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Up close shot of an officer handcuffing a person under arrest..

When the Golden State Killer case was cracked in April with the help of a genealogist and an open-source ancestry site, many wondered if this was the new frontier of criminal investigations.

This week all signs point to yes.

In the last seven days, genealogical sleuthing techniques that are old to a handful of genealogists but new to most law enforcement have led to arrests in Washington State and Pennsylvania and unearthed a lead in a 37-year-old murder in Texas. All three cases were only revived when crime scene DNA was uploaded to GEDMatch, the same open-source ancestry site used in the Golden State killer case.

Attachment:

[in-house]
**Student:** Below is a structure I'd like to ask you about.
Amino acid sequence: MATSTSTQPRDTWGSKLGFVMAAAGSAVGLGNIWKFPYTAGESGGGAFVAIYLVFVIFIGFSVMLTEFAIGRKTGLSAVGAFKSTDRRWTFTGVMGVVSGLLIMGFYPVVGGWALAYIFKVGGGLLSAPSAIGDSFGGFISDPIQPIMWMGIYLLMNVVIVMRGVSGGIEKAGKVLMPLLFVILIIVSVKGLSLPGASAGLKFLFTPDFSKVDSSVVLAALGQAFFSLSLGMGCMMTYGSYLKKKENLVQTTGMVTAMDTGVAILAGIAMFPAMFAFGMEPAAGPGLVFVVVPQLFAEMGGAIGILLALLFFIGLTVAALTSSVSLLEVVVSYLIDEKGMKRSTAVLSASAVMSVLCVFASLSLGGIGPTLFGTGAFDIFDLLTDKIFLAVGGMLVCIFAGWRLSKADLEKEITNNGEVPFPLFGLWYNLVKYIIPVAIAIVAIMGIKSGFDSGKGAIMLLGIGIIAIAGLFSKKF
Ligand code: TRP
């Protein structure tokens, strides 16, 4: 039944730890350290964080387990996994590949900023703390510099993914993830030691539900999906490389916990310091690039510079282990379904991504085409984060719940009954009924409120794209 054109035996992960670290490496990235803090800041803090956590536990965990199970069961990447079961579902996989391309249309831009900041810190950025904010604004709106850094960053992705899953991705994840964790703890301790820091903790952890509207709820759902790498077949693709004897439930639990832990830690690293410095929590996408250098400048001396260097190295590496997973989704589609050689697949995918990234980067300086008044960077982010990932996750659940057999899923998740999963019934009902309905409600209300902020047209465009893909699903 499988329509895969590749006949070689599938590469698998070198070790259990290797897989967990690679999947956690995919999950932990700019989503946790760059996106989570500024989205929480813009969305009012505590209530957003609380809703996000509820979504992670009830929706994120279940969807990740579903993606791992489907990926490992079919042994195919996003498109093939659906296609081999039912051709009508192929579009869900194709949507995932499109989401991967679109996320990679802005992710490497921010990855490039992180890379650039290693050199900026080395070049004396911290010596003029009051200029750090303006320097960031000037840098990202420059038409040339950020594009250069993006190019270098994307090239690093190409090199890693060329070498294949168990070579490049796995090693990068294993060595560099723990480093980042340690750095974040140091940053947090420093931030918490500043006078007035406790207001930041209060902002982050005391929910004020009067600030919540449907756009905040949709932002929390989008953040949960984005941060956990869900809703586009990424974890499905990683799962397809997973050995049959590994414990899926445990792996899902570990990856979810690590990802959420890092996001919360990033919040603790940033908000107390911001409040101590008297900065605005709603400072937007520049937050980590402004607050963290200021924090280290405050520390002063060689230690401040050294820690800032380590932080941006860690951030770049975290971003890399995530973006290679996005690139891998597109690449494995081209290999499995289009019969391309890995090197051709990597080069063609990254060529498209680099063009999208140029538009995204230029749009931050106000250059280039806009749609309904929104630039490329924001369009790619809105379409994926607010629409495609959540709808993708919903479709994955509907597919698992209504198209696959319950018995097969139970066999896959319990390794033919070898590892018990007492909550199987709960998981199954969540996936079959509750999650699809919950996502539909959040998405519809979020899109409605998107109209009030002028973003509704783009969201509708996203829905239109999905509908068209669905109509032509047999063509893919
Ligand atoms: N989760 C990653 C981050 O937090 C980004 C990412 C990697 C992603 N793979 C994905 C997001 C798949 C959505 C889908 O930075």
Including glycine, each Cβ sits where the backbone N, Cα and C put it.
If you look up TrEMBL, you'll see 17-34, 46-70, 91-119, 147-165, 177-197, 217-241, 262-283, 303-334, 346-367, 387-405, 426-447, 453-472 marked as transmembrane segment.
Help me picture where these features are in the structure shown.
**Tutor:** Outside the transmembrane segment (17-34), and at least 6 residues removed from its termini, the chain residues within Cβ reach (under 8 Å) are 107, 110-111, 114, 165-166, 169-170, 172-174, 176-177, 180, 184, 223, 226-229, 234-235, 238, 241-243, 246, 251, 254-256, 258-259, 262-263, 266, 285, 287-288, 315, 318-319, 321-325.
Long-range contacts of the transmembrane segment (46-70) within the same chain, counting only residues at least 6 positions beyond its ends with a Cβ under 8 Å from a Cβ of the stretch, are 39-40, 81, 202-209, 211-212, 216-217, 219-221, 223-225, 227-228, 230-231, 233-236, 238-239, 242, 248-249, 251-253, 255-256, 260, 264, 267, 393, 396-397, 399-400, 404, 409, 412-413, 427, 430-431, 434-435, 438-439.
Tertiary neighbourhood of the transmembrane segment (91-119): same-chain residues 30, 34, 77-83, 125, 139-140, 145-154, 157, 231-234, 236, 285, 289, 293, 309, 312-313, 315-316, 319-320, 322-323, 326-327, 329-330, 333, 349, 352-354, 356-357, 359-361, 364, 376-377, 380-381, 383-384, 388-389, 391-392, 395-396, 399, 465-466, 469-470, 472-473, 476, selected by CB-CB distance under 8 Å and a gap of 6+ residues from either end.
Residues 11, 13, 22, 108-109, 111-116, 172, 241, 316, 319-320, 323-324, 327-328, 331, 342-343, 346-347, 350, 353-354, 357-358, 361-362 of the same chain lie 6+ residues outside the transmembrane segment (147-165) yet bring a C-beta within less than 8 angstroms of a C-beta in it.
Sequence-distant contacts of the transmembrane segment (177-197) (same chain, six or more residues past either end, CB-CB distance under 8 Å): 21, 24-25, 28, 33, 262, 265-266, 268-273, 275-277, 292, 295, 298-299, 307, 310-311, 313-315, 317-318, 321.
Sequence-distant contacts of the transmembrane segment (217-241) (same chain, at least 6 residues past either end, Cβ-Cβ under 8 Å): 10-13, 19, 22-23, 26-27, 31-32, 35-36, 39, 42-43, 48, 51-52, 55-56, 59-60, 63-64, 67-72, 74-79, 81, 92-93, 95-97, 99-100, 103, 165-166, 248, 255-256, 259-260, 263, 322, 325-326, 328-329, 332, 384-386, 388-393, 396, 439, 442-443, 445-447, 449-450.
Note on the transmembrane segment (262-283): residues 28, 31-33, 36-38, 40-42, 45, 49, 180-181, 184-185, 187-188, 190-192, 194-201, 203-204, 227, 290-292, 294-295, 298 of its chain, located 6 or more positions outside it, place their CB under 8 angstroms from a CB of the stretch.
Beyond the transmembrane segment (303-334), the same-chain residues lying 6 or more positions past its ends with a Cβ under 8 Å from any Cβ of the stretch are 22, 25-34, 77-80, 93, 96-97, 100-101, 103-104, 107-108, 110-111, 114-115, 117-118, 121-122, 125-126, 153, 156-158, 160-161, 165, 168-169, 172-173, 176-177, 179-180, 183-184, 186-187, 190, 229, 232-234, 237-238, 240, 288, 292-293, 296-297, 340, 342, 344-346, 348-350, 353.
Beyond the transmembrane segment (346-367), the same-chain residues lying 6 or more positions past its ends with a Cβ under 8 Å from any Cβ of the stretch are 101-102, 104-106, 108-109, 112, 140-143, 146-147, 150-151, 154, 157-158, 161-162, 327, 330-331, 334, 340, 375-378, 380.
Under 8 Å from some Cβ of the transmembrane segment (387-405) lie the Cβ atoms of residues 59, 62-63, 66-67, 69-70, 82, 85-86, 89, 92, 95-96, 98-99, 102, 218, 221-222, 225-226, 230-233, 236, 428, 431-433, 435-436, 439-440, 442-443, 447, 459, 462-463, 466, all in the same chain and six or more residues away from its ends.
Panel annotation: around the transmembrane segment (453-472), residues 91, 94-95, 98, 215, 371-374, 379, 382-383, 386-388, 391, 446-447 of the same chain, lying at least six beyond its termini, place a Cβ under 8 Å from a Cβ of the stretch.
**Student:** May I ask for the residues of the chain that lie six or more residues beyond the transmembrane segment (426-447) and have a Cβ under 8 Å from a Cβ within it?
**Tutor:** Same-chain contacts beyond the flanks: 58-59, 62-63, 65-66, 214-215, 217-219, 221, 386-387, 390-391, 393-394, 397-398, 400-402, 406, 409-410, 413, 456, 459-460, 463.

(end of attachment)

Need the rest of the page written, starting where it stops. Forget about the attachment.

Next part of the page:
CeCe Moore, a genetic genealogist now working with Parabon, a forensic consulting firm, was involved in all three of the cases. She said she honed her techniques over a decade by helping thousands of adoptees track down their biological parents.

“There are so many parallels,” she said in terms of how she uses relatives’ DNA and other publicly available data to build the branches of a family tree backward and then forward to focus...

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